anyway, i was asked to share "my" recipe by my friend cindy who is trying out any and every recipe she can find and taking tidbits from each of us and adding them to her own way of making bread. my recipe is pretty basic and not much different from the others except for the flour. 
i add these ingredients, in this order, to a warm bowl.

3/4 c starter
5 c spelt flour
about 1/4 c sweetener of choice. i'm trying to use up some sucanat. i have used honey too.
2 tsp sea salt
at this point i gently mix, by hand, the dry ingredients on top of starter before adding the water
1 1/2 c warm water
2 TBS oil

mix with your hands or a rubber spatula. the dough comes together rather quickly and i gently knead it a few times to make sure everything is mixed well, then put a damp towel over the bowl and place it in a warm place to rise. i put mine in the oven because it has a pilot light. depending on how much time i have, i let it double in size. i have also just let it rest an hour or two and then proceeded, the bread just turns out more dense. before transferring it to the baking pan, i knead it a few more times, but not too much. i read that if you overwork spelt dough your bread will be crumbly. after kneading, rub oil of your choice over the dough (i'm not sure why i do this, but i do!) and place in a baking dish. i bake my bread in a large loaf pan in an effort to have sandwich size bread for the days that my kids attend tutoring group. i let the dough rest or rise as long as my time allows. sometimes it's a few hours and sometimes it's 30 min. i'm all for making it work for me. after it's risen, place it in a 400* oven and bake until golden brown and the crust feels thick and somewhat hard to the touch. 3o min or so.

and that's it... please keep in mind all amounts and times are approximate. i just kind of add this and do that. i did jot things down as i made this loaf so i could write about it, but i like to cook more like my grandma, with a handful of this and a scoop of that. 

i'm still playing with new ideas every time i make bread, and noticing that every loaf gets easier. good luck to you!

The House Around the Corner - Arleen's House

Arleen's advice about Kefir :)

Stop whining already about the taste of the kefir (no fear - ki fear)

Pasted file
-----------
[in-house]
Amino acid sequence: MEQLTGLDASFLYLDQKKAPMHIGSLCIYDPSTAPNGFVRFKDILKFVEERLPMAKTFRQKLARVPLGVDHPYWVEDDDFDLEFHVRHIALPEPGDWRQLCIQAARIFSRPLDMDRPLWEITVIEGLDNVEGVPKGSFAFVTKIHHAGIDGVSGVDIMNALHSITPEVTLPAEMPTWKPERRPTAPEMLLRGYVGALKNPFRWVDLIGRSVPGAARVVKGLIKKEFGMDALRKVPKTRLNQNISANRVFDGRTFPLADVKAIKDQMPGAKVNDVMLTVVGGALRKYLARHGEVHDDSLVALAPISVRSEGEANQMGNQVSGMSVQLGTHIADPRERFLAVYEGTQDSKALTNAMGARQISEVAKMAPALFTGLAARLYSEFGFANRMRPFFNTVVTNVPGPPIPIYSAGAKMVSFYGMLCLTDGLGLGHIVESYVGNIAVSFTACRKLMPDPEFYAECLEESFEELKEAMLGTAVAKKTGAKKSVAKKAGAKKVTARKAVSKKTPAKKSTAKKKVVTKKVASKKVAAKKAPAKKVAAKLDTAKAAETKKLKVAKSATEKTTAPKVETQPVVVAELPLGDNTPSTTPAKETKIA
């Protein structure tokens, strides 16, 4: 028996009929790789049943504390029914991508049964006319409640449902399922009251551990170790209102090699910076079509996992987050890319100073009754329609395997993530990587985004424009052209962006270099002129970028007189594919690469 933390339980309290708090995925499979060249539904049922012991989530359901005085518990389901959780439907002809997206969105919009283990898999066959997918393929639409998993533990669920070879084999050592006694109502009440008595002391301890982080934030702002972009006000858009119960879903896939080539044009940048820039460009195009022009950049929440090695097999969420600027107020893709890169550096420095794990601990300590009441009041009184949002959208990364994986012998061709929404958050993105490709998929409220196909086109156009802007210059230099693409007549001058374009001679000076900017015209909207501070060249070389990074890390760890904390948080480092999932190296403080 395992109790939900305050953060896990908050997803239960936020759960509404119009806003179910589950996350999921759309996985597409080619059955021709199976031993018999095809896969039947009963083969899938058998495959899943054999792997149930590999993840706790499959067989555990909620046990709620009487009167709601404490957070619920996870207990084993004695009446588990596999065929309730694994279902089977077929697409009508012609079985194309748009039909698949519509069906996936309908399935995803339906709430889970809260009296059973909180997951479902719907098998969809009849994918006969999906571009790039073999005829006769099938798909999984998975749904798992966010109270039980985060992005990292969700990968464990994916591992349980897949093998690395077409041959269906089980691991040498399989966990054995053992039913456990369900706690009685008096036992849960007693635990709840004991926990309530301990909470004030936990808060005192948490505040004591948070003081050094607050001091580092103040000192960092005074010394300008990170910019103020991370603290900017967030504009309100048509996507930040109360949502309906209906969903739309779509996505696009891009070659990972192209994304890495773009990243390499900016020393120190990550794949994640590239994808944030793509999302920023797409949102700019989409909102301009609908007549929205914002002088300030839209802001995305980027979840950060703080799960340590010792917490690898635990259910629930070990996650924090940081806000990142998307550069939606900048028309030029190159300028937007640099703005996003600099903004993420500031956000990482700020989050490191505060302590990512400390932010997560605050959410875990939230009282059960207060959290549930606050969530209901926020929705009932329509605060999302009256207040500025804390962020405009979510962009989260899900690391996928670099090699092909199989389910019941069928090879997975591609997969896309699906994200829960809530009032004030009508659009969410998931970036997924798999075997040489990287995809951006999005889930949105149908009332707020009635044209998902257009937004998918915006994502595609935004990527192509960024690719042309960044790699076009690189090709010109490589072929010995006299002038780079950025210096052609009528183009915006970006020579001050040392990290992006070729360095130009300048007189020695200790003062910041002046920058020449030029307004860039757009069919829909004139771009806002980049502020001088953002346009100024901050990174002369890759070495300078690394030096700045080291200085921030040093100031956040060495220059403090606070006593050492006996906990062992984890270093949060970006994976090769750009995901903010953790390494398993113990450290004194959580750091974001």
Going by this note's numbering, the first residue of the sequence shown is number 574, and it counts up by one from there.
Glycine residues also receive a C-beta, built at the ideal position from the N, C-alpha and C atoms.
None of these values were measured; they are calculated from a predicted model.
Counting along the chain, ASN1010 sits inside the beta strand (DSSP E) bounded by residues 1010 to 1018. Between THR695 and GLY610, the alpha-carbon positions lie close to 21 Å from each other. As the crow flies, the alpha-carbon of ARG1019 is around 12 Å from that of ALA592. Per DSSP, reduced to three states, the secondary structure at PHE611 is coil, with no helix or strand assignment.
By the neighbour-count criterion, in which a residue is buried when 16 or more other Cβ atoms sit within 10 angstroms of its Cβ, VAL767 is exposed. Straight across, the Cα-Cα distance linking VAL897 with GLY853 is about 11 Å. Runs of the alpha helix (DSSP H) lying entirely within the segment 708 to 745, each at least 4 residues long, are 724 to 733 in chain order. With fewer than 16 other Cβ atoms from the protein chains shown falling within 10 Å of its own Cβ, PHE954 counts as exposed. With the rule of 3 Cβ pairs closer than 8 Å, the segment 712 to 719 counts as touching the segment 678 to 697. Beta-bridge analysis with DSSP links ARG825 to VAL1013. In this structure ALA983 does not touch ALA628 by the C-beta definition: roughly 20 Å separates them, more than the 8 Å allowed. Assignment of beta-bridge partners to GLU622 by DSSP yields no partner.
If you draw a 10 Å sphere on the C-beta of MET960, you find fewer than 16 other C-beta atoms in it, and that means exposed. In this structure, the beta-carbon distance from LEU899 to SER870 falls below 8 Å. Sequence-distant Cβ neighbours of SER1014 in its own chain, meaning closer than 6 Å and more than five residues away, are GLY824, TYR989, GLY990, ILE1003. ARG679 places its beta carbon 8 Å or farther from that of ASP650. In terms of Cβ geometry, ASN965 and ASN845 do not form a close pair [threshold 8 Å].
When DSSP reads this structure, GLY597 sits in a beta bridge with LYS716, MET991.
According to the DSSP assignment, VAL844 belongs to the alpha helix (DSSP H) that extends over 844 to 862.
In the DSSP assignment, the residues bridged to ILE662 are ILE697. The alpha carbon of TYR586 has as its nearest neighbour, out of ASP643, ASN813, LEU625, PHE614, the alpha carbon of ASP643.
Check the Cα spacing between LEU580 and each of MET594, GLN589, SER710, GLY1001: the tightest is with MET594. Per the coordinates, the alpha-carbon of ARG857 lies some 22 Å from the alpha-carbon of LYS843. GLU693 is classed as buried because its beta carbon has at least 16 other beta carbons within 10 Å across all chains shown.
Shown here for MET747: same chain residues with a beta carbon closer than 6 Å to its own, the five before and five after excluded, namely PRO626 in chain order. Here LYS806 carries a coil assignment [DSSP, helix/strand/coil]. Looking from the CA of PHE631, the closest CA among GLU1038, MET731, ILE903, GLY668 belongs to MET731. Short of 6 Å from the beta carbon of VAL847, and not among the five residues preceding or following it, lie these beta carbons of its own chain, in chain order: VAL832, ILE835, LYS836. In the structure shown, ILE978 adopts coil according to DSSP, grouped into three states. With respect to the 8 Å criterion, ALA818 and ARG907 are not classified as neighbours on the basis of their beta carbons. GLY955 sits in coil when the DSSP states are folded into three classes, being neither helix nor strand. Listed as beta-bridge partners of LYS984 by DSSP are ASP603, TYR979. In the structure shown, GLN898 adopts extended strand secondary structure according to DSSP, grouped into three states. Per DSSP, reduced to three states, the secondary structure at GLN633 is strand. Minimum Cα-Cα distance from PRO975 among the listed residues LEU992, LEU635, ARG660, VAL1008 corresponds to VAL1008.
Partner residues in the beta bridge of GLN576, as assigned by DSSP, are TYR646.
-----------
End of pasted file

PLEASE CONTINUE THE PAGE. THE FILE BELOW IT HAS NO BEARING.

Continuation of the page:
morning start: 

1/4 c kefir
1/4 c juice or kvass
2 tablespoons coconut oil...

stir and drink


1 chug-a-lug and you are all done for the day. 
all you taste is what ever juice you used (carrot, beet, orange, lime)  
wipe your mouth, (don't lick your lips if you don't like coconut oil...  I don't like it at all, but don't taste it.  just the juice)

Enjoy (or something :)

A Critical Issue - pH balance

pH levels and your body
Flu Remedy #2 and 
The beginning of Phase One

First of all, my apologies for not getting this in sooner.  It is the beginning of our entire program.  When I started going through making a "Path to Progress" so it was easier to follow the basic program, there was a big hole.  Apparently the pH opinion never made it from Face Book to this blog.  I have been waiting for....... well, I don't know why I was waiting to fill in this hole.

Anyway.... the whole flu thing reminded me to do something on pH.  If you have a rotten case of the flu, you might try this old, old remedy.
1/2 tsp. baking soda
1/2 lemon or lime
1/2 glass of water

Stir and drink
Day 1 - Use FOUR times
Day 2 - Use TWO times
Day 3 - Use ONCE

You  don't want to do this all the time and you don't want to do more than seven doses in four days.  This just chemically yanks your entire digestive tract to a neutral pH.   We can personally testify that it works for the flu.... just because virus', germs, pathogens, yeasts and other nasty stuff do not like a neutral pH.  These nasty things are weakened and you can recover.... pretty rapidly.  Not instantly.